The term surface pretreatment or pretreatment summarizes the steps that are carried out before coating with powder paint. In addition to removing surface residues (paint, grease), attaching suitable brackets, cleaning and applying several conversion layers . These serve to achieve a better match between the substrate and the paint. Cleaning agents based on ethanol or acetone that evaporate at room temperature are used for cleaning and leave no residue on the surface. With some raw materials, a pre-treatment for corrosion protection may have to follow. Inadequately carried out surface preparation can lead to a reduction in adhesion, spontaneous detachment or to craters in the paint film.
The mechanical pretreatment removes coarse impurities such as rust or scale . Common methods used in powder coating are grinding , brushing and blasting. The degreasing is usually done using solvents or aqueous cleaners. When cleaning with aqueous cleaners, cleaning the surface is often combined with phosphating . In terms of process technology, cleaning is usually carried out by spraying or dipping .
This is followed by the application of a conversion layer. Degreasing is usually sufficient for a clean surface, but conversion layers also increase the active surface due to their roughness . This improves the paint connection. The processes in the field of powder coating include phosphating on steel, pickling on galvanized steel, chromating , and anodizing or anodizing on aluminum. Due to the increasing legal restrictions on chromium-containing layers, chromium-free pretreatment methods are becoming more important.
Before the powder coating is applied, the surface of the workpiece must be absolutely dry. The adhesive water dryer used for this is similar to the later powder coating dryer, but is usually more simple. Depending on the quality requirements, blowing off with compressed air may be sufficient.
The term application refers to the application of the powder coating and the process steps directly related to it. So it describes the actual coating process.
Preparation and conveyance of the powder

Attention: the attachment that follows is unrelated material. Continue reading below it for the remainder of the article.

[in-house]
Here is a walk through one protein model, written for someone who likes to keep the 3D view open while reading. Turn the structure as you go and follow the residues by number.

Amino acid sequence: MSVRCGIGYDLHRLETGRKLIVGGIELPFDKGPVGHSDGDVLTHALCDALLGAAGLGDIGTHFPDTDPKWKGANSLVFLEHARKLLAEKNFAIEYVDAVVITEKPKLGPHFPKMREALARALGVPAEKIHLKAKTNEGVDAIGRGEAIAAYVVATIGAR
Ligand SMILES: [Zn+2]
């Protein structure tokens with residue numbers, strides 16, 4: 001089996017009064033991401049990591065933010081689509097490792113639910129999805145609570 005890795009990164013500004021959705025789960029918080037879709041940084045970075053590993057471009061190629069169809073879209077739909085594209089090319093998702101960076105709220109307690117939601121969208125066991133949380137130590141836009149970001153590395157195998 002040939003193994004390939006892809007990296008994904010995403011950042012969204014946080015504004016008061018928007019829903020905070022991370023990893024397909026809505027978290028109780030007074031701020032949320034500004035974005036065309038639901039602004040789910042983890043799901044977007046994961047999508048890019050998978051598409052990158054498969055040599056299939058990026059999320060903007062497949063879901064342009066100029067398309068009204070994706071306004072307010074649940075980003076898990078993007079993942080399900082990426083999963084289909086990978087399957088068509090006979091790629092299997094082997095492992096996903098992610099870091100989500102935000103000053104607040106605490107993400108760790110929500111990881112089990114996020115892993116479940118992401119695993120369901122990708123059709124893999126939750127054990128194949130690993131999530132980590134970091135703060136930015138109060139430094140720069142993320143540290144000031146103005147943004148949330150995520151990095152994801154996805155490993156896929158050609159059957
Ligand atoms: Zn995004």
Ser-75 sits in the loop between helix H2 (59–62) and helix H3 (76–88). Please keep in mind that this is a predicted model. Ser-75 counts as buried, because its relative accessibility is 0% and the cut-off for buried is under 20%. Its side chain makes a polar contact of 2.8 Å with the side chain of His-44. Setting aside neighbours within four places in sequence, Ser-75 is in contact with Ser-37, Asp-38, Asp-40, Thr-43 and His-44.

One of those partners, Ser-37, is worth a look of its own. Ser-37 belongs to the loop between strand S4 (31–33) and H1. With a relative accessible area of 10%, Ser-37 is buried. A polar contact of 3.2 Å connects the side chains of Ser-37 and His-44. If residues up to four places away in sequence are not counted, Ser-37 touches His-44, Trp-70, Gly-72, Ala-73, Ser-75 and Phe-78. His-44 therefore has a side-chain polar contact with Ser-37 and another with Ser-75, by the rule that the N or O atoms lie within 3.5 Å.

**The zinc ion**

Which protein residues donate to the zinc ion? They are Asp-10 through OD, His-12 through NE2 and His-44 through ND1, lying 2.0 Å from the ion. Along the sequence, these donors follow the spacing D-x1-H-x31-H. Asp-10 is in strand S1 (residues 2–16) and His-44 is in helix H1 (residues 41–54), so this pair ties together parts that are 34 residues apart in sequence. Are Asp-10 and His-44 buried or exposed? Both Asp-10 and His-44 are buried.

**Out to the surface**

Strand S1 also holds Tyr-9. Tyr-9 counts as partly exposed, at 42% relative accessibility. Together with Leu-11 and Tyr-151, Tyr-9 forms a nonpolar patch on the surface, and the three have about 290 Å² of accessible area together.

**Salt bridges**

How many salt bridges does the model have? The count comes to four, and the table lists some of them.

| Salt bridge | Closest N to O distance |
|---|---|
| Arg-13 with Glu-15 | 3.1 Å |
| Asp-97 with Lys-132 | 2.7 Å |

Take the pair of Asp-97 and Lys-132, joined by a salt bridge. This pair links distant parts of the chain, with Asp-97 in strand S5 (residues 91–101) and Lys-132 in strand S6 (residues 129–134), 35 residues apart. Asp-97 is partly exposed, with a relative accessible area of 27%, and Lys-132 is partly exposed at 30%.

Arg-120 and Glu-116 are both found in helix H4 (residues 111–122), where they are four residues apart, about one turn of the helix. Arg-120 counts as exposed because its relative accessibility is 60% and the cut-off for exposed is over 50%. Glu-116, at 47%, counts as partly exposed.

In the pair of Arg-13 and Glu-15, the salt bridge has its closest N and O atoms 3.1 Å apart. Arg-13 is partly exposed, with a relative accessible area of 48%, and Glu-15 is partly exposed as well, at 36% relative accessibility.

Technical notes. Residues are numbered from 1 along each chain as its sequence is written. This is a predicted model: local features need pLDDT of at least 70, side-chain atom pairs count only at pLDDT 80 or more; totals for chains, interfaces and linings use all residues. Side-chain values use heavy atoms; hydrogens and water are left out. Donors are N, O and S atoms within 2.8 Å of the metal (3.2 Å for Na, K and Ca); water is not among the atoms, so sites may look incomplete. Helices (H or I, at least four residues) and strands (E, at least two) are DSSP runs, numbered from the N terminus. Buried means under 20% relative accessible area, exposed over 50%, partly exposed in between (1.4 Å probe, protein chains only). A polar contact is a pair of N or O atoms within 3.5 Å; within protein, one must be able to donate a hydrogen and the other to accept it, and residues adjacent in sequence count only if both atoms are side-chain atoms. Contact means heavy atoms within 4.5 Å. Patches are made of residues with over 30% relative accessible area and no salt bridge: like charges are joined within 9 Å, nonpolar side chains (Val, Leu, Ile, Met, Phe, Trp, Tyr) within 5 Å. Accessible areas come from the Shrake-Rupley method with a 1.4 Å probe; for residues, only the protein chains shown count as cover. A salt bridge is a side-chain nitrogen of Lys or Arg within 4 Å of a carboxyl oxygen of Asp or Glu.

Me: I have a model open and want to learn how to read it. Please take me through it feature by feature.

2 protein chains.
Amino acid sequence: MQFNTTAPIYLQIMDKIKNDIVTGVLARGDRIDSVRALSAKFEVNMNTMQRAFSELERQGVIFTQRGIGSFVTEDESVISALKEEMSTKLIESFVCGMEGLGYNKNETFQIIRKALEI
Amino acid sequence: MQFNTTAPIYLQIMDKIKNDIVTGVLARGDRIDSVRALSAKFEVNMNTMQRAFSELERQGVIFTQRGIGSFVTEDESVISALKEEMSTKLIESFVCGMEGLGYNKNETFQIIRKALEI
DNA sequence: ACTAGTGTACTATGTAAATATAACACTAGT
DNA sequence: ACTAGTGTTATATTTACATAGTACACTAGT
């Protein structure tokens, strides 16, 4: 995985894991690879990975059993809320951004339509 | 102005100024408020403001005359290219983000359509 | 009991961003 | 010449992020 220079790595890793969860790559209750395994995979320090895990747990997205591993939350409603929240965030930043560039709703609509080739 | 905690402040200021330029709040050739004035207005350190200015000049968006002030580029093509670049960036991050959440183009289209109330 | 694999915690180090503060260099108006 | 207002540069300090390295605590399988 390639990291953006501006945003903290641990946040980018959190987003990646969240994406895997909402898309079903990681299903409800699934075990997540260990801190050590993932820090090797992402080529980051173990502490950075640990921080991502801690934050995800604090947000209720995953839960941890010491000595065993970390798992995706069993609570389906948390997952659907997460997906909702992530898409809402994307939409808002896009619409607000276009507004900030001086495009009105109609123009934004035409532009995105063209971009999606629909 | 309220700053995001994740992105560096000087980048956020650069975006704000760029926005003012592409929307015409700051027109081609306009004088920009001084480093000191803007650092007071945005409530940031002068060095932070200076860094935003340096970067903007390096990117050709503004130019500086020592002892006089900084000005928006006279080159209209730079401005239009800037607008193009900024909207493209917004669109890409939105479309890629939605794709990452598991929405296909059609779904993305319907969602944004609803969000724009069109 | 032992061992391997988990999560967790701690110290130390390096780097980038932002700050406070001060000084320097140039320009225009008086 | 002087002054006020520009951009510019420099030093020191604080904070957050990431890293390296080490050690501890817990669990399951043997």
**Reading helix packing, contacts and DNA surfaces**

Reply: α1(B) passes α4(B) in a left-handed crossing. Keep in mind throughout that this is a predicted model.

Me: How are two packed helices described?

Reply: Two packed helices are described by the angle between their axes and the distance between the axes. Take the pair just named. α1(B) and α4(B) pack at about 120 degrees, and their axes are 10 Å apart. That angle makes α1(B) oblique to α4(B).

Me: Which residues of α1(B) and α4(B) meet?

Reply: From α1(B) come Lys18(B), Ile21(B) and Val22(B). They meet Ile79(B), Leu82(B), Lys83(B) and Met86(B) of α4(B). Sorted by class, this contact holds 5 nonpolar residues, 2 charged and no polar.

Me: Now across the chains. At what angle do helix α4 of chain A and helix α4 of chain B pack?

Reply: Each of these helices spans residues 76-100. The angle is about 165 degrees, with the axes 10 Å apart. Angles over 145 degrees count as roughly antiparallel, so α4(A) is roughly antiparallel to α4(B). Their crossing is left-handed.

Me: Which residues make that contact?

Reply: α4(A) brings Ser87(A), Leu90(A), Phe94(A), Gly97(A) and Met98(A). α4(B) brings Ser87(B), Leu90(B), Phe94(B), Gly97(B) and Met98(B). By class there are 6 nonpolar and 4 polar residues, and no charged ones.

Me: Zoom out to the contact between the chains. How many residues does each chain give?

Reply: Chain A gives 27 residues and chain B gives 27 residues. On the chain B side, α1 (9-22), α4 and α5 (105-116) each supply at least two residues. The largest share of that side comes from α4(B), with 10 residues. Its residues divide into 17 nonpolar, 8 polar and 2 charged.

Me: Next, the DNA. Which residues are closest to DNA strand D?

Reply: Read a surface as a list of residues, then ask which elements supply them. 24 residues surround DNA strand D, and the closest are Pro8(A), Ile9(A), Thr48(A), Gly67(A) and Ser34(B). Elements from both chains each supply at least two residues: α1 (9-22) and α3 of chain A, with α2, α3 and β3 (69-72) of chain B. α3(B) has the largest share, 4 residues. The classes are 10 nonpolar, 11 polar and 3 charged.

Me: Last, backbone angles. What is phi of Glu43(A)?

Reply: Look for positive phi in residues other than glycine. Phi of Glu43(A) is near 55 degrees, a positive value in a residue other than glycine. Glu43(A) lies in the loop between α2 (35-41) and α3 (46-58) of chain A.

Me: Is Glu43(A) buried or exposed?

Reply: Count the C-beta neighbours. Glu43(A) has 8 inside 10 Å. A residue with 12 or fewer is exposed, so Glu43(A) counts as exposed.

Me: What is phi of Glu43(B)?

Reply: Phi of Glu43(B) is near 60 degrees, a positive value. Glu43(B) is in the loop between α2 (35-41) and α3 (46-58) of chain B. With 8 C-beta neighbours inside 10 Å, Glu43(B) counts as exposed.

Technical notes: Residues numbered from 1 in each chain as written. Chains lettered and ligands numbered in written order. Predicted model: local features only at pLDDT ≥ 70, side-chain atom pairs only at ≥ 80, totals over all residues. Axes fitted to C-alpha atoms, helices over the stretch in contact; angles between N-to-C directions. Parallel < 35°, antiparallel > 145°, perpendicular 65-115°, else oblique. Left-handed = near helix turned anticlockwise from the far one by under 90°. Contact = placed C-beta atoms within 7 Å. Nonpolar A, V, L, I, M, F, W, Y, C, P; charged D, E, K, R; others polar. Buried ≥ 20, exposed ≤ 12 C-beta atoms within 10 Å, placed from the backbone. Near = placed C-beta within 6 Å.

In order for the powder to be coated to be applied, it must first be transported to the spray gun . Typically, the powder is conveyed from the fresh powder container into a container. There, if recovery is used, it is mixed with prepared recovery powder and from there it is sent to the gun. The powder that is not transferred to the workpiece is transported to the processing unit and from there returned to the cycle. It is important that the delivery is gentle so that the properties of the powder are not significantly affected.
In most conveying methods, the powder coating particles are first fluidized so that the powder coating can be conveyed. In some cases, agitators or vibrating elements are also used. If the powder is conveyed directly from the original container, only local fluidization takes place.
If recovery is used, the powder fed back into the circuit must first be cleaned of fibers , coarse particles and dirt. Various types of sieve are used for this, such as vibrating, rotating, tumbling or ultrasonic sieves. The recovery powder is added to the fresh powder in a ratio to be determined.
When conveying the powder, a distinction is made between precision conveying (50 to 500 g / min) and mass conveying (usually more than 5 kg / min).
The precision conveying is used to supply the powder coating to the spray gun. In order to avoid defects and irregularities in the coating, this requires dosing that is as uniform, precise and pulsation-free as possible. Devices that are frequently used for precision conveyance are precision and rod injectors . Precision injectors convey a defined amount of powder from the container to the gun and, by adding metering air, ensure that the total amount of powder air is kept constant. In the case of rod injectors as well as precision injectors, fluidization is necessary, since the suction takes place at the bottom of the container and without the addition of fluid air it does not produce a constant delivery. Ideally, powder coating is made more transportable by means of fluidization and, in some cases, additional vibration on the container or box.
The bulk conveyance is used to transport the powder coating between two containers, which requires a conveyance that is both economical and gentle on the powder coating. Common methods for bulk conveying are push conveying (also known as plug conveying) and suction conveying. The suction conveyor works with a vacuum created by a lot of air , which carries the powder with it. The necessary separation of air and powder is carried out using mini or multi-cyclones or filter separators . In the case of push conveying, a pressure chamber with two valves is switched in such a way that the powder is pushed forward by alternating air. A separation of air and powder is not necessary.
One method that can be used for both precision and bulk conveying is the so-called digital dense phase conveying (DDF), which works on the principle of counter-pressure conveying. Counter-pressure conveying means the alternating suction of vacuum and powder coating in two chambers. No fluidization is necessary with this process. At the same time, little conveying air is required for precise dosing.